The ability to maintain accurate records for govern­
ment regulations

     An improved "quality of life," employee morale, and
job satisfaction

     Improved accuracy of management information.
An overlooked benefit of extended ERP is that there is a need for considerable education and training re­quired to successfully implement it. While at first that might sound like a negative, it isn't. Virtually everyone is reintroduced to what is now a huge and rich body of knowledge. Being aware of and expanding the body of knowledge is important in holding onto a competitive advantage. The world isn't standing still.

In summary, the economics of ERP are proven and compelling.

A multiple choice quiz—strictly to test the effective­ness of the discussion facilitator. Please choose all that are correct:

     The quantitative benefits of extended ERP have not
yet been established but are projected to be consider­

     Predicting benefits is an art and not yet a science.

     Reputable institutions have established the quanti­
tative benefits of extended ERP.


For those of you who have implemented MRP or closed-loop MRP, MRP II, or ERP in the past, you might recall the "TEN COMMANDMENTS OF." The Ten Com­mandments really addressed issues of leadership, intent, affecting positive change, focus, and quality of effort. These are the real currency of organizations. Guess what? When I pulled out the list and compared them to the success factors for extended ERP, they are a perfect fit. Talk about a timeless document! The commandments:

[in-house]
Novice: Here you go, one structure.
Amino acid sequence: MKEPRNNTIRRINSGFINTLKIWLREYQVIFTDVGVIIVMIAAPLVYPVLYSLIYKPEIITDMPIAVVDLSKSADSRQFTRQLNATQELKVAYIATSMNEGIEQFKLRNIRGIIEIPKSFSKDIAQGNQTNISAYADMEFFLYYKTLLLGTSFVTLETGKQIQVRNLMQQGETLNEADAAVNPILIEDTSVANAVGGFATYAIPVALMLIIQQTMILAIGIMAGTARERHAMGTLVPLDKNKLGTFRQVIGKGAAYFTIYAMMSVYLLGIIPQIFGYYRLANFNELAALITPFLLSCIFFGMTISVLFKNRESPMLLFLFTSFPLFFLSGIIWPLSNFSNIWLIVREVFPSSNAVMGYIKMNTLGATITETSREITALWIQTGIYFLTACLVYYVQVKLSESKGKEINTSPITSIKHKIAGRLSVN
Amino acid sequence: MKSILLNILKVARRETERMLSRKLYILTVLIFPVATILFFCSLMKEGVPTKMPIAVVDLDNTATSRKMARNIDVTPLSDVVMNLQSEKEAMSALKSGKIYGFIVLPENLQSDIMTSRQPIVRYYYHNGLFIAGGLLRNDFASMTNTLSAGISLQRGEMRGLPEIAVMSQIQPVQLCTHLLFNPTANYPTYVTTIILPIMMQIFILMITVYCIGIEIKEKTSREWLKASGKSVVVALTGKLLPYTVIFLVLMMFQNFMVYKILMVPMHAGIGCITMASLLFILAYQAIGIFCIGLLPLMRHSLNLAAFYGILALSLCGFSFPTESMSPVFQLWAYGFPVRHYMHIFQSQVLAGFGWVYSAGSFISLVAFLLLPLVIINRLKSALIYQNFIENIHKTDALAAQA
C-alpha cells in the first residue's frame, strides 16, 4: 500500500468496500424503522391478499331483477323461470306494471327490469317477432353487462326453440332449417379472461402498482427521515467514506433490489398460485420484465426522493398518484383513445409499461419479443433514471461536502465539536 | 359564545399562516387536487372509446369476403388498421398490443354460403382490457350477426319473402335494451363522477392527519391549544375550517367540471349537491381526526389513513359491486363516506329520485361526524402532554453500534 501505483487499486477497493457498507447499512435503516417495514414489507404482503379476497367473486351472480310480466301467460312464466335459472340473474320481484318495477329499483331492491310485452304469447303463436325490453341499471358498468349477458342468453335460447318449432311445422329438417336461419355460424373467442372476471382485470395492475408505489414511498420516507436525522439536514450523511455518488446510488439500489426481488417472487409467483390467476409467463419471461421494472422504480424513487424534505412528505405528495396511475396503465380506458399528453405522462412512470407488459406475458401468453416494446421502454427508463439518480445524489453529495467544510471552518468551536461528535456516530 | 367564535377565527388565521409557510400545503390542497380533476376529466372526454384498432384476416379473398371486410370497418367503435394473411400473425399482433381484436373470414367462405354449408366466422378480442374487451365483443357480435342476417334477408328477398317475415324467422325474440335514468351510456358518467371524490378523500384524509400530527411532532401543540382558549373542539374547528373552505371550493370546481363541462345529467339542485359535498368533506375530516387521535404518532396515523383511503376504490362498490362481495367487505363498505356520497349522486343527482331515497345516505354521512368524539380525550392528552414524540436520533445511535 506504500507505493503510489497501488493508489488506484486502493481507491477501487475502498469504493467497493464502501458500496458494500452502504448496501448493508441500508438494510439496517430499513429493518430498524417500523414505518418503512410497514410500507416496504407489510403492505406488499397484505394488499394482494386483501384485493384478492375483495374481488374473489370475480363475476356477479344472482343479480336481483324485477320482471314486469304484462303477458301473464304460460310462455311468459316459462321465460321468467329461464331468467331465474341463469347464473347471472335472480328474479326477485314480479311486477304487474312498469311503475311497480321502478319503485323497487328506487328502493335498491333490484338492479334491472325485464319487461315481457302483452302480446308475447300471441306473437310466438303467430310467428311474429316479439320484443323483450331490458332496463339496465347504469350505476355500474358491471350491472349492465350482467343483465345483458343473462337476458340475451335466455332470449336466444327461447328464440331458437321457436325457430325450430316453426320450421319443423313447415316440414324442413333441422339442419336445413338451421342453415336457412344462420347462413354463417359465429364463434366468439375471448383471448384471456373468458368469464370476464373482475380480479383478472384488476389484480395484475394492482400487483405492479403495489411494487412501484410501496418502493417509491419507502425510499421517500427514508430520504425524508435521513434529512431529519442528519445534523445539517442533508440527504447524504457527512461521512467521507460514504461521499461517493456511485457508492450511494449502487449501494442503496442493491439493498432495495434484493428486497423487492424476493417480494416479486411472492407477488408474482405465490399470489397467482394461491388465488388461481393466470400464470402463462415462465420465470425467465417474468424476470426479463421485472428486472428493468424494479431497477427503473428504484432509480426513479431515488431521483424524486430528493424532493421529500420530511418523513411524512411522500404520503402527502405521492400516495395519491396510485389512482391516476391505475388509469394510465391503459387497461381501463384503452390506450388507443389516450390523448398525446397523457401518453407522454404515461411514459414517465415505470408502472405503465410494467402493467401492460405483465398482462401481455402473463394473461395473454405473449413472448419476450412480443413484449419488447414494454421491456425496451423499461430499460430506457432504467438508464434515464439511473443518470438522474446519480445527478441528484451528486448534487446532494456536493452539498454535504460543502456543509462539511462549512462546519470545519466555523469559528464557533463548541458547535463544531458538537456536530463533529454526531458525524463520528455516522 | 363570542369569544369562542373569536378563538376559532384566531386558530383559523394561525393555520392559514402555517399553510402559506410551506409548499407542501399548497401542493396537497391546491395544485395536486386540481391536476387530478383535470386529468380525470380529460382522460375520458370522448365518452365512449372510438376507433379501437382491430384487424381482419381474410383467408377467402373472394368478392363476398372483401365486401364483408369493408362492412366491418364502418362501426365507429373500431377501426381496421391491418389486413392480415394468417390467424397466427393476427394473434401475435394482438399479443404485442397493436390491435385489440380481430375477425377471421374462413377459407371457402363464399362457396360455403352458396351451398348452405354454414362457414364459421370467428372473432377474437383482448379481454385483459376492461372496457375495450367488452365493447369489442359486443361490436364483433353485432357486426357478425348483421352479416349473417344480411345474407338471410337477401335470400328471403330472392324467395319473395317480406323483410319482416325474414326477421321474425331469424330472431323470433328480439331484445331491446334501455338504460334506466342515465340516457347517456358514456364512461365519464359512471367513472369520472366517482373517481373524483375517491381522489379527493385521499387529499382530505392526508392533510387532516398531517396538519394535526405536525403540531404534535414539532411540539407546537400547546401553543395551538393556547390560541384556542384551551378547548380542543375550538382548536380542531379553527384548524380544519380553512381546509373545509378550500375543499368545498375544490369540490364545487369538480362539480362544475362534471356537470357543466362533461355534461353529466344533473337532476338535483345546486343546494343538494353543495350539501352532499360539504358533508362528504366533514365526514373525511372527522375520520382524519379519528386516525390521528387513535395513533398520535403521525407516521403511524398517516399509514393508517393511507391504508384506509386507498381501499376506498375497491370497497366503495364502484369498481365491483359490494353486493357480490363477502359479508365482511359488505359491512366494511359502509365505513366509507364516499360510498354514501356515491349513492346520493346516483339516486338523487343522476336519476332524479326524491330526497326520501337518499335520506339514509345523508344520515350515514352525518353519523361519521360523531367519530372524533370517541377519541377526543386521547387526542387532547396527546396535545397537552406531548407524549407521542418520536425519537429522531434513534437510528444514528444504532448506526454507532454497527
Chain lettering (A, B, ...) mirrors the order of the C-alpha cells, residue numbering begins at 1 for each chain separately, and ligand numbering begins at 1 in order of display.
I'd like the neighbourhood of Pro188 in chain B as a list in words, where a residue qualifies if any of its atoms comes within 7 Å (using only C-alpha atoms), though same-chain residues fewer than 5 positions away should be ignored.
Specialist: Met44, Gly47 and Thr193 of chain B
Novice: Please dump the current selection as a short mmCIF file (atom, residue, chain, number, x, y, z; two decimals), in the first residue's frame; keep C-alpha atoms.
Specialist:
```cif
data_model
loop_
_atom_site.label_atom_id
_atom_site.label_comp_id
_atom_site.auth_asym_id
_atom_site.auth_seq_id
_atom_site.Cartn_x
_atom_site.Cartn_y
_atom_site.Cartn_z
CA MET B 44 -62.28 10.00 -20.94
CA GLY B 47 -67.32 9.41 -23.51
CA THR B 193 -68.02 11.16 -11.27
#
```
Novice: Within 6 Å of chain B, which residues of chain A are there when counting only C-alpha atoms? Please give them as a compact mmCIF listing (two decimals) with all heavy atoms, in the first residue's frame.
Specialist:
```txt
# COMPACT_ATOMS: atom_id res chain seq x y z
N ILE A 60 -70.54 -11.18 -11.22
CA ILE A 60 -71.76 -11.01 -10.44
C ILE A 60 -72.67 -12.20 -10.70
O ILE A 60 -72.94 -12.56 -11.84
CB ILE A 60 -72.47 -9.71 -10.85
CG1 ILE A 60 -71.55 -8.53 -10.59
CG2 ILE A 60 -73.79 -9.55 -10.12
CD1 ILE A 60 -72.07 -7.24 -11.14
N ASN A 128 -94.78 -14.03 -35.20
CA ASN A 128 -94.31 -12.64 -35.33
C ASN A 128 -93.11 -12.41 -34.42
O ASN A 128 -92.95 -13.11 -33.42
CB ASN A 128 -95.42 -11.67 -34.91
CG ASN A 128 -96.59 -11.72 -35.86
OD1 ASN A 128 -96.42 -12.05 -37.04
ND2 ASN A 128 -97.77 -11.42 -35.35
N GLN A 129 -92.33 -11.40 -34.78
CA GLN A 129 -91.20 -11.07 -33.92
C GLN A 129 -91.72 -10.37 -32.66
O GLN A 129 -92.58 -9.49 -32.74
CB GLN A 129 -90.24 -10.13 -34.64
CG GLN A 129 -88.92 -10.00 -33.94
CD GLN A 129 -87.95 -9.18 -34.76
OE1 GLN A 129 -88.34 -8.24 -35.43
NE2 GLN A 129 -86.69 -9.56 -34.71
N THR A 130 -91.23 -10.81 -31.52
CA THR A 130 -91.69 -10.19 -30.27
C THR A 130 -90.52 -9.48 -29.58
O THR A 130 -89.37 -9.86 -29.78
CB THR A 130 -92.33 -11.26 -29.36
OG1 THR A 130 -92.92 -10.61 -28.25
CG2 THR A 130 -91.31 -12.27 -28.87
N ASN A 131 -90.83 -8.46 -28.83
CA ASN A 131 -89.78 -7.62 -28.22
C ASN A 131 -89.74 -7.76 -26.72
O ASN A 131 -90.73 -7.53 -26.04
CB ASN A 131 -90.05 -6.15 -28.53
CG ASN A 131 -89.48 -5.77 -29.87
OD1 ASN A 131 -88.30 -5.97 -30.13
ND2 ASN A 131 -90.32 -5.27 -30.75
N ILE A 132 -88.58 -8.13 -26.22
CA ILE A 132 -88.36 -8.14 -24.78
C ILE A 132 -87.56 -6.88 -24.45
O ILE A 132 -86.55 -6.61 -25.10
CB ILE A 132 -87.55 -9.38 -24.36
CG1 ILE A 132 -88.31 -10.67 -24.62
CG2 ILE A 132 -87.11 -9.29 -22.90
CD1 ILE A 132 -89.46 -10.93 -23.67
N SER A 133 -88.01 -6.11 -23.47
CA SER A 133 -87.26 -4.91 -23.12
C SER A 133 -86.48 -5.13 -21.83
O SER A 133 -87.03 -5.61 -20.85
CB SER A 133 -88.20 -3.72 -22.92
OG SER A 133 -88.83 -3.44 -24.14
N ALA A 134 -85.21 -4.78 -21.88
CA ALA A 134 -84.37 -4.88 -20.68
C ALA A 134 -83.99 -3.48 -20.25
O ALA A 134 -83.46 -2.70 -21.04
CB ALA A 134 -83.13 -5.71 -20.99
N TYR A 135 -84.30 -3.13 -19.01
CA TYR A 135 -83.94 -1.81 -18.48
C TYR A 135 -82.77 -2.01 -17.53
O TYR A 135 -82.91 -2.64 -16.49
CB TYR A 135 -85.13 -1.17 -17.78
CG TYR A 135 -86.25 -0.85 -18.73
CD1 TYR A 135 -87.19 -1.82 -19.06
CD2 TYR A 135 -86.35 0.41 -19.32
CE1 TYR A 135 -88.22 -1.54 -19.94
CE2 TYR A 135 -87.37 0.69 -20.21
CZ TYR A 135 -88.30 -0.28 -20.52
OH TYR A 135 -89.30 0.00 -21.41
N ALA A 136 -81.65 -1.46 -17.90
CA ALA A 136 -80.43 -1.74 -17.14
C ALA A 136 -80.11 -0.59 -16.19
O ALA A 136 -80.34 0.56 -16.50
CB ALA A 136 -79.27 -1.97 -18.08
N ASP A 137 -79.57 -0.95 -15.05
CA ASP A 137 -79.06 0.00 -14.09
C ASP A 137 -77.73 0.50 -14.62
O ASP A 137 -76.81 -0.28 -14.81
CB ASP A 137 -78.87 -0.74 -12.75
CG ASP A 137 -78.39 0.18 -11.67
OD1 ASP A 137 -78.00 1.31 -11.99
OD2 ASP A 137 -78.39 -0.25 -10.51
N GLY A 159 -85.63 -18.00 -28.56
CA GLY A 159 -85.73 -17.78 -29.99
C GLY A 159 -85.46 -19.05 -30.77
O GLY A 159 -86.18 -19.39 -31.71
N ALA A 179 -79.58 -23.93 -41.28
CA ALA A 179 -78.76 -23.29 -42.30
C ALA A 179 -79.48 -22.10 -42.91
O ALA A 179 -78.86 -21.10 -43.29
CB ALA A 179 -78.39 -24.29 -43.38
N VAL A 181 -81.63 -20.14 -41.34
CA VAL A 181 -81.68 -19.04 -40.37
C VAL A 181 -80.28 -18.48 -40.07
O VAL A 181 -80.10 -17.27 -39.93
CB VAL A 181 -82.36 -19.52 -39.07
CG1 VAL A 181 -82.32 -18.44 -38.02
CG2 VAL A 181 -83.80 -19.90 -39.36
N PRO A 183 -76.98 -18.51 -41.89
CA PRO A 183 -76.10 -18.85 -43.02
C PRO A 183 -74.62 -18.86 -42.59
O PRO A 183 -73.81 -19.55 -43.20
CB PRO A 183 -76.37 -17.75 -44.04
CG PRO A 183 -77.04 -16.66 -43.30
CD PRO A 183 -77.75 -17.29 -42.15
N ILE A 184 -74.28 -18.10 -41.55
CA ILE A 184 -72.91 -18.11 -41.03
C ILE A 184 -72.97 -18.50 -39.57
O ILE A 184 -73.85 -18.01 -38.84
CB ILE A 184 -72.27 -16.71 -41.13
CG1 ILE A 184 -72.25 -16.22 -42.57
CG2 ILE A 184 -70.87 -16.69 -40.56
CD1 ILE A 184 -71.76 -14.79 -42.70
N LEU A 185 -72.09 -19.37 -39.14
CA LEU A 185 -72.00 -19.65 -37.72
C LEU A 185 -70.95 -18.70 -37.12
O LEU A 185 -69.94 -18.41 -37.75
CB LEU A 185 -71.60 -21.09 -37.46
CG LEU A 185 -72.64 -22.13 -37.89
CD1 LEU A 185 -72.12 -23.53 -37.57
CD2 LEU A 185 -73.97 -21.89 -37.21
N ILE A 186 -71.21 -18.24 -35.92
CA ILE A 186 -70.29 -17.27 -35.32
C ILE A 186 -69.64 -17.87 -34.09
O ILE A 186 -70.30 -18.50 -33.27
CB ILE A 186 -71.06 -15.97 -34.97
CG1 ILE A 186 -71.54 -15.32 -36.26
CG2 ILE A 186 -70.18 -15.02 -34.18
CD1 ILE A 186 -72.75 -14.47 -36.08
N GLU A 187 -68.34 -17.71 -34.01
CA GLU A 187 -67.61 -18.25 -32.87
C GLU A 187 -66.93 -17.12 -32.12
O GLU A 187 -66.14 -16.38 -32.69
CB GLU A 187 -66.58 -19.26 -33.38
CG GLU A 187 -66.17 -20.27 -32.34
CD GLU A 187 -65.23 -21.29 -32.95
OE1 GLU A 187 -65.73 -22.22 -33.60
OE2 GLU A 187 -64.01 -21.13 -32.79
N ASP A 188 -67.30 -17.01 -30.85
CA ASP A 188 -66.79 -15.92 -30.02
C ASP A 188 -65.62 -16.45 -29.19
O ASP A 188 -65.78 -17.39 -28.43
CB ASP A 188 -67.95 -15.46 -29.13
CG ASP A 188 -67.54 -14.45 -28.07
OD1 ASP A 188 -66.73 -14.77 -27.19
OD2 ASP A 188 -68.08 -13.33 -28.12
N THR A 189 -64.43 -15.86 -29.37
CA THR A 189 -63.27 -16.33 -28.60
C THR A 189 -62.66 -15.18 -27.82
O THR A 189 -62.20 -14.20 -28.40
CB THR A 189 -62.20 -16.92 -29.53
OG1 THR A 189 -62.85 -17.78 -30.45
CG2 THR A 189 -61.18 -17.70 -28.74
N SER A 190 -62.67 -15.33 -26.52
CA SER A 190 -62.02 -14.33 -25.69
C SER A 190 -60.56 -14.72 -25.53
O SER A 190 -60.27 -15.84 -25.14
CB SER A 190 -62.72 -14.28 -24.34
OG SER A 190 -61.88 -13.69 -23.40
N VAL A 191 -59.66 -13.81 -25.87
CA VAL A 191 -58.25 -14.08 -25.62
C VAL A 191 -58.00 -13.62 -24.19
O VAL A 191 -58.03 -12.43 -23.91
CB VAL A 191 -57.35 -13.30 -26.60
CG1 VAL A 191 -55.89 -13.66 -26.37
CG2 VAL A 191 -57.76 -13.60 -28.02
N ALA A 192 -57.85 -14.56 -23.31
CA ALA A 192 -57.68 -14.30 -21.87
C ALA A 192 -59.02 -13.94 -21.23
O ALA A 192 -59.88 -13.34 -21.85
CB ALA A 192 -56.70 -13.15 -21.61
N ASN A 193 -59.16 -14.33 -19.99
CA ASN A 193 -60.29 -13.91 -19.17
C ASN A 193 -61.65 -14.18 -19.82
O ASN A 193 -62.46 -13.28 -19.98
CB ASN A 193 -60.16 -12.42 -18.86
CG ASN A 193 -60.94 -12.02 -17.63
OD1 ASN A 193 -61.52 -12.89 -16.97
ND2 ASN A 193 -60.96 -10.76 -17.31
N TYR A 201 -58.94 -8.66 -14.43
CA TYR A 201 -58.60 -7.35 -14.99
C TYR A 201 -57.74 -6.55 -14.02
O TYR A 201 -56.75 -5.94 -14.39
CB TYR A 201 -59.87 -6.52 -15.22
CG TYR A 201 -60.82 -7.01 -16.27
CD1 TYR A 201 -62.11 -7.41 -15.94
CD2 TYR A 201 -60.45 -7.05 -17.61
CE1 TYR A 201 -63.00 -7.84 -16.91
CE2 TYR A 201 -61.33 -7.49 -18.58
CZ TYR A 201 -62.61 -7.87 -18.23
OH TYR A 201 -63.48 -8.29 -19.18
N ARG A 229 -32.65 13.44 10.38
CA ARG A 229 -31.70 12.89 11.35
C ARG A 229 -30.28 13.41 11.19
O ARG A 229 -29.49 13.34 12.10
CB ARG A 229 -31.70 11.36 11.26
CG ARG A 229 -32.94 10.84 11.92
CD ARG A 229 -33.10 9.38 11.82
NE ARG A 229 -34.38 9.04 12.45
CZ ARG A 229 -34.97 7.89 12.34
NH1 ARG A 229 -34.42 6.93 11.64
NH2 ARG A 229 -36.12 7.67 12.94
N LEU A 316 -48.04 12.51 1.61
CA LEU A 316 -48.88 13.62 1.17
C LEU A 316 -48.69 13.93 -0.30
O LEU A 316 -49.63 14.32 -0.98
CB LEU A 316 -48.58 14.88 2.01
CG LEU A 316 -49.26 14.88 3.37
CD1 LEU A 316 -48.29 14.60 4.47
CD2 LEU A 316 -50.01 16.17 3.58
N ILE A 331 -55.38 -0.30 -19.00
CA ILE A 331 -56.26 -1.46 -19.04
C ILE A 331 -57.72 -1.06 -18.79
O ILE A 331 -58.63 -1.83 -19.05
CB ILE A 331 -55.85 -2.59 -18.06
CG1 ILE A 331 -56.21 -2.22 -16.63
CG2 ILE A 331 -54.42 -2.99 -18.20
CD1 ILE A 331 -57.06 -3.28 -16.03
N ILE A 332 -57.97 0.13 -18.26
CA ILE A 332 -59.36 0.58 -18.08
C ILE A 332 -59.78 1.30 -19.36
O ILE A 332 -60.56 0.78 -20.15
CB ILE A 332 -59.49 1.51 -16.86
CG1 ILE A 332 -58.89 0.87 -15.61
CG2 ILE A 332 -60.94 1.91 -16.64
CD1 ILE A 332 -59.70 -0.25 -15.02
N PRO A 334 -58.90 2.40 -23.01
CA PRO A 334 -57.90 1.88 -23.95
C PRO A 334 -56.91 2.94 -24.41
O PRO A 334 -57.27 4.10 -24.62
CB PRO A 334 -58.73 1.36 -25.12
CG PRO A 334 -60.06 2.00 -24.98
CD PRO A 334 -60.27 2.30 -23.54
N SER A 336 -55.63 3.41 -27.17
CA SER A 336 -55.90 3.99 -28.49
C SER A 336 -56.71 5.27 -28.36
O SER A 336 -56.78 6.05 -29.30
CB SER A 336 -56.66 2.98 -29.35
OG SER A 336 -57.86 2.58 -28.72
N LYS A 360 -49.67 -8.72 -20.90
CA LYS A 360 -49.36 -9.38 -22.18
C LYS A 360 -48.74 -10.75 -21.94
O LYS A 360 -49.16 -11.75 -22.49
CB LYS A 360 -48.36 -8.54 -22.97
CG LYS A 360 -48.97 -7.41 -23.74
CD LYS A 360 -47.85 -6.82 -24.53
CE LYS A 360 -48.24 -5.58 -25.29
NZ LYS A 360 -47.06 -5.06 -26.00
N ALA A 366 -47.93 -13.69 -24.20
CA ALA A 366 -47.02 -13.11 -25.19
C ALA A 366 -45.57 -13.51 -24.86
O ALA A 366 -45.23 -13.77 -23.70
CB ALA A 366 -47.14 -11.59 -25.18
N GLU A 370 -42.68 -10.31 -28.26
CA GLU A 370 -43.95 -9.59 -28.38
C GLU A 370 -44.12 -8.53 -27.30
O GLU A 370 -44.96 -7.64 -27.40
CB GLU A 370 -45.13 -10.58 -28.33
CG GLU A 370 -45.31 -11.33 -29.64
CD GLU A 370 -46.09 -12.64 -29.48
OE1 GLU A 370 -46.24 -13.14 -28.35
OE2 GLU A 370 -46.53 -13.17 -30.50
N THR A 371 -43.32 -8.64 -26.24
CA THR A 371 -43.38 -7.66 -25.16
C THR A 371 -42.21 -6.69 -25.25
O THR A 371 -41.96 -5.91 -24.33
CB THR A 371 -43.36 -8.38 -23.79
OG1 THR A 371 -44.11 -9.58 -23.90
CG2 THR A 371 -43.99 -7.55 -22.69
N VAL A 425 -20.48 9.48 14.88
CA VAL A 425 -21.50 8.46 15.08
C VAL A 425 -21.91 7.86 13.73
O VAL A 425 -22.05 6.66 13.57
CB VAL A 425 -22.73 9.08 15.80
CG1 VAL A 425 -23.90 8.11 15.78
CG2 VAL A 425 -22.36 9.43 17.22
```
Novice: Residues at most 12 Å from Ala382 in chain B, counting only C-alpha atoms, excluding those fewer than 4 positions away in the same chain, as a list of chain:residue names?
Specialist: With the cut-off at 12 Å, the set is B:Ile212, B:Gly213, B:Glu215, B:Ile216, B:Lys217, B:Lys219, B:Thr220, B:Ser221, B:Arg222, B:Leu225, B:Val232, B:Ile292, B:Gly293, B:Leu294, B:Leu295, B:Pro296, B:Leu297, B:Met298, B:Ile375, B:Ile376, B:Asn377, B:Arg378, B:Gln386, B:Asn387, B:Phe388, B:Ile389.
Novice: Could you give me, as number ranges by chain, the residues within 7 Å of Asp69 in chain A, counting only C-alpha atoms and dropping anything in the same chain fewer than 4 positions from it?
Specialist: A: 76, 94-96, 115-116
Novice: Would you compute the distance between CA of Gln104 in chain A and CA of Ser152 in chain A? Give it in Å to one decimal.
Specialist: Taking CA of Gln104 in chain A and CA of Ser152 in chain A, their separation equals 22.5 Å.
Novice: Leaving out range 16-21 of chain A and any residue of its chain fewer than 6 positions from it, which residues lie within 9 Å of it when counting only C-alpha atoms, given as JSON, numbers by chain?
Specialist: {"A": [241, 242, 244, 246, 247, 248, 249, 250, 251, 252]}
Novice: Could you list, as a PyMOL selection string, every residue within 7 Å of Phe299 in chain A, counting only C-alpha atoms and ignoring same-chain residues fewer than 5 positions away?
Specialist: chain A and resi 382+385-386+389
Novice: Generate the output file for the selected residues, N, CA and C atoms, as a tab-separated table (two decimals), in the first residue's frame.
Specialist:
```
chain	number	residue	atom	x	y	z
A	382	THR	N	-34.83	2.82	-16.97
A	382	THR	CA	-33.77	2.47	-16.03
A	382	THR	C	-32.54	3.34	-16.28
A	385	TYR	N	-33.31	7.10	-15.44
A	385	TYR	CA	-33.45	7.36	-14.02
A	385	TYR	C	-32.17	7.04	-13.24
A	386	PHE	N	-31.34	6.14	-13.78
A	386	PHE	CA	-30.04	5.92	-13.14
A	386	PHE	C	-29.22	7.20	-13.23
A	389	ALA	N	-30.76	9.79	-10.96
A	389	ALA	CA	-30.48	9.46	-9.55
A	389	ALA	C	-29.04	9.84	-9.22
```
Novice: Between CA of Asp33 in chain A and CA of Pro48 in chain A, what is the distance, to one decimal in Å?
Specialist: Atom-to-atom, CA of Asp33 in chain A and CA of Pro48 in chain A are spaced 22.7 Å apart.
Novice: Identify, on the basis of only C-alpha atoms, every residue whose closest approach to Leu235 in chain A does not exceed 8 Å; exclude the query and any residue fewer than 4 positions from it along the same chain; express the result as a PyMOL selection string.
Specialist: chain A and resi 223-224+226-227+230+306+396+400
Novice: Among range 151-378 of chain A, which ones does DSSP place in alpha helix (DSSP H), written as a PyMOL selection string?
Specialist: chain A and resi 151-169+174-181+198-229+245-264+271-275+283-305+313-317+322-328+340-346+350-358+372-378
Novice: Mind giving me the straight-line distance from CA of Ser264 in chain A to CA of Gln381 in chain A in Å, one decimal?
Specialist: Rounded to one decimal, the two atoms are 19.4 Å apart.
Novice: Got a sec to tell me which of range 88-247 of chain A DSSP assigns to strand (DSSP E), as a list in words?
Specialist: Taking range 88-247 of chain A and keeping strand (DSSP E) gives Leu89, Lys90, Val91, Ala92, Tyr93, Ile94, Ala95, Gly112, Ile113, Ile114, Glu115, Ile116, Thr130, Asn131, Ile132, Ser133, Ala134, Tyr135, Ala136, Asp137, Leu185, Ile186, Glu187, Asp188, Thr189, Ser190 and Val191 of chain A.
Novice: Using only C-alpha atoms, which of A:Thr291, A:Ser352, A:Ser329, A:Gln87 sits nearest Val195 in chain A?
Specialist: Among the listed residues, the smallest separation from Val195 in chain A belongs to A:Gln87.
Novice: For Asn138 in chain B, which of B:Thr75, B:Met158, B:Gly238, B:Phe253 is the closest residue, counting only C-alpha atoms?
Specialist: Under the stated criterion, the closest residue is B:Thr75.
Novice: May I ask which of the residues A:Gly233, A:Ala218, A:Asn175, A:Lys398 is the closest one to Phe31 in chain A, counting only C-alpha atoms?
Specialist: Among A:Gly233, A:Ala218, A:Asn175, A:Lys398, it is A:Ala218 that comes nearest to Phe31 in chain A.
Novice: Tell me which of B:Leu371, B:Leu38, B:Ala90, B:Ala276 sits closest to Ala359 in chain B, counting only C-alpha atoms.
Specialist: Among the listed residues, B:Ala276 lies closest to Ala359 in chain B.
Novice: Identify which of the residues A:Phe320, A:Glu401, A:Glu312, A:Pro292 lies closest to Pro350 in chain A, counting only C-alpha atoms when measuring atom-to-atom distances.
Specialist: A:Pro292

1.        Thou Shalt Acquire and Sustain thy Management's

2.        Thou Shalt Establish Accountabilities for the Accu­
racy of thy Data.

3.        Thou Shalt Set Objectives and Measure thy Perfor­
mance Against Them.

4.        Thou Shalt not Place thy Least Experienced in thy
Company's Most Critical Position.

5.        Thou Shalt not Economize on Educating thy People.

6.        Thou Shalt not Endeavor Implementation Without

7.        Thou Shalt not Duplicate the Informal System on
thy Computer.

8.        Thou Shalt not Bear False Witness Declaring Ex­
tended ERP a Data Processing System.

9.        Thou Shalt not Omit Tasks in thy Haste nor Pro­
long Them for thy Comfort.

10. Thou Shalt not Expect Extended ERP to Eliminate
all thy Problems


Extended enterprise resource planning is the result of over 30 years of trial and error, innovative thinking, and leveraging of computer technology. The business con­cepts embedded in it have and will continue to produce tremendous competitive advantage and economic ben­efit to the manufacturing industry. Extended ERP is the right tool for the challenging new millennium.

A multiple choice quiz—strictly to test the effective­ness of the discussion facilitator. Please choose all that are correct:

      Extended ERP is essentially a data processing system.

      Data accuracy does not influence the successful use
of extended ERP.

      Senior management support and involvement is re­
quired to successfully implement and use extended

For balance of this article, click on the below link:

Lean Manufacturing Articles and click on Series 13